When my friend Nzwakazi gave me Abraham Verghese’s novel ‘ Cutting for Stone’ to read, the back-cover blurb had my mouth watering at the mention of the cross-cultural conflicts of a medical doctor spanning Britain, Ethiopia, India, the Yemen et al. I’ve evidently been reading too much Annie Hawes, because – whilst the cuisines are mentioned – they are not exactly features in the story. There is a lot of interesting information about medicine and – certainly – about the history of female surgery. I soldiered on and finished the book (834 pages, excluding end-pages). Judith may rate it higher, but I found insuffiecient character motivation in the plot; perhaps 3/5, and the fault of a ruthless editor. I finished the book while waiting in the car outside the supermarket whilst Grandy was doing her weekly shop. Several strokes have left her very slow and a yield of 2 tomatoes, a loaf of bread, a roasted chicken and the newspaper can occupy her for upwards of two hours.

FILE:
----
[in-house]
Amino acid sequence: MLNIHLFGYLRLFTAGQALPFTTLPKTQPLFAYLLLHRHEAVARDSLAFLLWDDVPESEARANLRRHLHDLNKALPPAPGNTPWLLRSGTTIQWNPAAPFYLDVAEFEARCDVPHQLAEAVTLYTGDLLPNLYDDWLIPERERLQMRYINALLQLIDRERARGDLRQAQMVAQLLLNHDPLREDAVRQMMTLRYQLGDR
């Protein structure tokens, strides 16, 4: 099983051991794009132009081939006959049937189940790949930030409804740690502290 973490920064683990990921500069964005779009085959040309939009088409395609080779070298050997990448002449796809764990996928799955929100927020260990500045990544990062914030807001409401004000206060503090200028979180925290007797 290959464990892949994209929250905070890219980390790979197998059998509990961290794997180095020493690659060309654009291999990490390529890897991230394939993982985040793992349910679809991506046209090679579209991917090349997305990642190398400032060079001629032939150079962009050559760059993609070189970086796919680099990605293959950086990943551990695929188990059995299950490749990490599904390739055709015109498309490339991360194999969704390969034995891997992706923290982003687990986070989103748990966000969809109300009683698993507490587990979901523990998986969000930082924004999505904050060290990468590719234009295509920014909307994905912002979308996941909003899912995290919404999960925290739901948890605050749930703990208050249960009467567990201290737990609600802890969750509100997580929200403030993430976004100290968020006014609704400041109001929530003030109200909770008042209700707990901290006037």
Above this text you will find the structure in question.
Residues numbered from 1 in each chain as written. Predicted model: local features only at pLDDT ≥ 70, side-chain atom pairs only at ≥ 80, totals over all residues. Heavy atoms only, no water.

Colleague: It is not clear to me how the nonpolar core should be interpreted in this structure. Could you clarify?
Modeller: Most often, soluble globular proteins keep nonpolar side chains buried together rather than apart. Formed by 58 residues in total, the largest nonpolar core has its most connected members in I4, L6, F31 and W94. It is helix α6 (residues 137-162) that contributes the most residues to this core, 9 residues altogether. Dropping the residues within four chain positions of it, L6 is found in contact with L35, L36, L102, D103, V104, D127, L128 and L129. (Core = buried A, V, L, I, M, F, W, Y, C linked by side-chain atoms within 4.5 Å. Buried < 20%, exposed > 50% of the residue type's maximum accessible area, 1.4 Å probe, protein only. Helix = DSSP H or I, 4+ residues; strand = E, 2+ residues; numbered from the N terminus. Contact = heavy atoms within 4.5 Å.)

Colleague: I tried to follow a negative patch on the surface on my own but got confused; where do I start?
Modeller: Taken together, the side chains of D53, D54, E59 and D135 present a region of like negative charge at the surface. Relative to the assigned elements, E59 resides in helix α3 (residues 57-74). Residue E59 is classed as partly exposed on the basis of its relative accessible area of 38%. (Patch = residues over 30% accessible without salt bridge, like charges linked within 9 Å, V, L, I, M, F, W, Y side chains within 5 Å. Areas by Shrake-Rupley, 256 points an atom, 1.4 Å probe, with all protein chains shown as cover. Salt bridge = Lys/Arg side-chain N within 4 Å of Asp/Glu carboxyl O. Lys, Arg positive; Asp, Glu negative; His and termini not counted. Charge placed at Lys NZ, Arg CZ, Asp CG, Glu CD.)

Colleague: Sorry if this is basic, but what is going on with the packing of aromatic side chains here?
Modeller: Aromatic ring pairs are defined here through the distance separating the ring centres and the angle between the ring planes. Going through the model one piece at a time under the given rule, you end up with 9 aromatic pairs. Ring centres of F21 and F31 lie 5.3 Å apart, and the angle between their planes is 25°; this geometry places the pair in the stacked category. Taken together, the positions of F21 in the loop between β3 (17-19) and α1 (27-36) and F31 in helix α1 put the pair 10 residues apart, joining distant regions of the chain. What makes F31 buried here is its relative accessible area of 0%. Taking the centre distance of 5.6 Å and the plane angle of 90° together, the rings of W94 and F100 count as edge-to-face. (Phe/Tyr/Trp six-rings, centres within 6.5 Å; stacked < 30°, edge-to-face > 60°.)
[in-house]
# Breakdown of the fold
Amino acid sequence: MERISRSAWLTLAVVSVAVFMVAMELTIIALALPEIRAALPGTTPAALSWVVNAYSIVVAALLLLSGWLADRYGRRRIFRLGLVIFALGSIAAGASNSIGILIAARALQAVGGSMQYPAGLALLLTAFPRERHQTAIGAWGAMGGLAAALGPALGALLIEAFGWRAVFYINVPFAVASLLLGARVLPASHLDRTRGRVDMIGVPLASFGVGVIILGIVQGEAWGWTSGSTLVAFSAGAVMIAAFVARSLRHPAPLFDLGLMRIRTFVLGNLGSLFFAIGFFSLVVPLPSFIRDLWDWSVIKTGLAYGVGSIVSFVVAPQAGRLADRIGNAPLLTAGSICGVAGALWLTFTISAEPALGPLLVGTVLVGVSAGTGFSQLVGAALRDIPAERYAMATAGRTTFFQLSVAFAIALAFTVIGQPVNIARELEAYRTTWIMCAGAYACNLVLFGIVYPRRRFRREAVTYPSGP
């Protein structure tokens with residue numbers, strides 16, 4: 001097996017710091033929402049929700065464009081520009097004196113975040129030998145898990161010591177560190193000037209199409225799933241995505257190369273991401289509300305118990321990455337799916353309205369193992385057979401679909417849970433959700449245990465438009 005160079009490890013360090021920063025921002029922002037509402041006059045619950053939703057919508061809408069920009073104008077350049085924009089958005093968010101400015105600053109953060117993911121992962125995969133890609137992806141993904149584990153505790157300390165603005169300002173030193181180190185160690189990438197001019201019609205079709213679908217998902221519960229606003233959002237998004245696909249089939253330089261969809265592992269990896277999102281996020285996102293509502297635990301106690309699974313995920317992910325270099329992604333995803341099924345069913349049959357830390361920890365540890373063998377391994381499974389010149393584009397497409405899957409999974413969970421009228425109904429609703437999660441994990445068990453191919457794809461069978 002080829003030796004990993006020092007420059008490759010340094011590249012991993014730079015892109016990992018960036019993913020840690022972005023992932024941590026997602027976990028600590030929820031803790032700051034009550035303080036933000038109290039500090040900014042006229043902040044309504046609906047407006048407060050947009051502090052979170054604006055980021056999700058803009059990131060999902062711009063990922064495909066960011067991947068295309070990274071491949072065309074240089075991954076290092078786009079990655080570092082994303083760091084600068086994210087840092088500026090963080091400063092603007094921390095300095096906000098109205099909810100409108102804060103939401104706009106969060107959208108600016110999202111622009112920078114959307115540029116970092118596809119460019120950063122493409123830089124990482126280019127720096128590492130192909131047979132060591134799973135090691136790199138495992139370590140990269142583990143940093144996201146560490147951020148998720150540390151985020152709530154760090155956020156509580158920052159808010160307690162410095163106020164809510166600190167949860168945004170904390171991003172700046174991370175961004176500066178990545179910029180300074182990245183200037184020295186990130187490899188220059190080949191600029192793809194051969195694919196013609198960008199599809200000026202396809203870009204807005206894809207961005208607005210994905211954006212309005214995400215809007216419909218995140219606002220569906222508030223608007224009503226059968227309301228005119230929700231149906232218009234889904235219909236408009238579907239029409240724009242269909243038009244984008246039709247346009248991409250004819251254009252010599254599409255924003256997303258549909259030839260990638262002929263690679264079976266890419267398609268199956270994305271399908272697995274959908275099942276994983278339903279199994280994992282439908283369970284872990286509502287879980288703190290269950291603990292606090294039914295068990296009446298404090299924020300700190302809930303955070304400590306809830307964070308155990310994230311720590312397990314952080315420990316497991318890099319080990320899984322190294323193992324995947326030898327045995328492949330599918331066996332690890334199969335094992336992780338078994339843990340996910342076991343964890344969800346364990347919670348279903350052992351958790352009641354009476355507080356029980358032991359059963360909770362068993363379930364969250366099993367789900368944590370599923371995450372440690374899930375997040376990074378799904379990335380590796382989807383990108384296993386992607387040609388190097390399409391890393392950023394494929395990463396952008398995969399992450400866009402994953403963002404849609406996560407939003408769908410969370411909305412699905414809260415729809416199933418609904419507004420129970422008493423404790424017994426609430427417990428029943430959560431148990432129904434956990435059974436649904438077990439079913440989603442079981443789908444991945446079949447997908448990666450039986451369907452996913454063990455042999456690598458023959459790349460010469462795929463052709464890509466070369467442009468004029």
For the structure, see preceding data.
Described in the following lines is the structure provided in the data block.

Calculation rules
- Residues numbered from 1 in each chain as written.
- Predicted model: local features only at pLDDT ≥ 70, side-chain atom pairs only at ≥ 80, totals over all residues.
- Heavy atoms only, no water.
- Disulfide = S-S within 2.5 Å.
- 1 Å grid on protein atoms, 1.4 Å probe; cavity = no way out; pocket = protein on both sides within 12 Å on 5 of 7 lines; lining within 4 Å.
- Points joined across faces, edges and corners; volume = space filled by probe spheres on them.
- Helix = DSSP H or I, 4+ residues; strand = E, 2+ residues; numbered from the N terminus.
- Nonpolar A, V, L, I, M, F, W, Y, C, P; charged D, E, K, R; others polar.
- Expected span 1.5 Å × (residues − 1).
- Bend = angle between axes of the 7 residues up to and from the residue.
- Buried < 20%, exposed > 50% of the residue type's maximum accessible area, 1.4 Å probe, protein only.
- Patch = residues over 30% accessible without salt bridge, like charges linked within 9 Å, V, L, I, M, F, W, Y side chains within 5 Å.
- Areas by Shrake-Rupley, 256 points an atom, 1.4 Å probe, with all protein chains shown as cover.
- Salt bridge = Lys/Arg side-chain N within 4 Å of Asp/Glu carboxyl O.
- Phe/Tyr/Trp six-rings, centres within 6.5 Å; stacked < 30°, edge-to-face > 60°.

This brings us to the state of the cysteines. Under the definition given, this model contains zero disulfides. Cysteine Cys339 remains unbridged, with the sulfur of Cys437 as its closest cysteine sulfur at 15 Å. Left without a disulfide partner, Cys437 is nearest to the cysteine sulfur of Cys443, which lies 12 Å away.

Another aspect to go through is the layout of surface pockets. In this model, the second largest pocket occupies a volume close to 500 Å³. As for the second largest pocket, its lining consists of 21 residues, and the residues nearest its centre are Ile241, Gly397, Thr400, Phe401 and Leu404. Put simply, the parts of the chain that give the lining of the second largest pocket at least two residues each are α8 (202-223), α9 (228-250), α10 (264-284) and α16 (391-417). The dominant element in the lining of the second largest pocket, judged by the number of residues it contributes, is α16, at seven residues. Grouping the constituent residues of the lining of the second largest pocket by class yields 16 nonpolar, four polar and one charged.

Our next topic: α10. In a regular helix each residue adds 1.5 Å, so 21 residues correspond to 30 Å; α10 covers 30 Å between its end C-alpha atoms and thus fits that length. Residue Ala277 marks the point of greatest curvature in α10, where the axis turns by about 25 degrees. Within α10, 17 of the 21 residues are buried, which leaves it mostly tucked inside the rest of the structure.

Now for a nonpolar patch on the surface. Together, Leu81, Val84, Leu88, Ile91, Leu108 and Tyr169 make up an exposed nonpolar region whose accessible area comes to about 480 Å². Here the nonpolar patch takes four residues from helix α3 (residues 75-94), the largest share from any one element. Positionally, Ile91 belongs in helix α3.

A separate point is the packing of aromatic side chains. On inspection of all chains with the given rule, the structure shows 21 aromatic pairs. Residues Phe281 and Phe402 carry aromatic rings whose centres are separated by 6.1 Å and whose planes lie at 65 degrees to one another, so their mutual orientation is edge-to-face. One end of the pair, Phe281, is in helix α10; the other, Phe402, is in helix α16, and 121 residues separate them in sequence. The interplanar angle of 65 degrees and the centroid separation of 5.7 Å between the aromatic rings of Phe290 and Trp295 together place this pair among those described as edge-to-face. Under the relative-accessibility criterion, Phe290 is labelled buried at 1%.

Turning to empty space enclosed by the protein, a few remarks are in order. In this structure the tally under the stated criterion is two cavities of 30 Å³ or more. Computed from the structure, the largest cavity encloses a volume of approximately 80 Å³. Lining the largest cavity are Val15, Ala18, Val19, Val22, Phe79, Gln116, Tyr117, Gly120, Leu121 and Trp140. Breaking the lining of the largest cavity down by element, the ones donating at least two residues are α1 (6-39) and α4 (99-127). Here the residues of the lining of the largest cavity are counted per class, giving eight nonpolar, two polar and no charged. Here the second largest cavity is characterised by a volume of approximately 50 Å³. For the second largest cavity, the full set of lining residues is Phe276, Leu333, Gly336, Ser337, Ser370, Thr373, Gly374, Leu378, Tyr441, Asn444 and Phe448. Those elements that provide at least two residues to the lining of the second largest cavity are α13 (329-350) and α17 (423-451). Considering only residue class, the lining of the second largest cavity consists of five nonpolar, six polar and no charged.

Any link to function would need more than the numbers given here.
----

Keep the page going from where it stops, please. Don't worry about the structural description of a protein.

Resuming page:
Anyhow, I got out of the car to enjoy the sunshine and have a cigarette and was joined by an amiable old chap who was engaged in the similar pursuit; of waiting for his wife to do her shopping. I couldn’t shake the feeling that I knew this man from somewhere and it was only later in the afternoon, when I thought back on it that things clicked into place, thanks to a passage from Verghese’s book:

“A drunk named Jones looked eerily like his father. Thomas realized it was the waxy complexion, the swollen parotids, the loss of the outer third of the eyebrows, and the puffy eyelids of alcoholism that gave both men a leonine appearance. Now that he was trained to see, he put together the other clues he reacalled: red palms, the starburst of capillaries on cheek and neck, the womanly breasts, and the absence of armpit hair.” Lookit; where are their eyebrow-ends??? (pics pinched off the net.)

No doubt my new parking-lot friend had added a bottle of sherry or some-such to his wife’s grocery list. Coincidently, I later read in one of the tabloids that womanly breasts are also a dead-giveaway that men are using Viagra, but I’ll leave it at the missing 1/3rd of the eyebrows for now and move on to the orange sweet potatoes, shall I?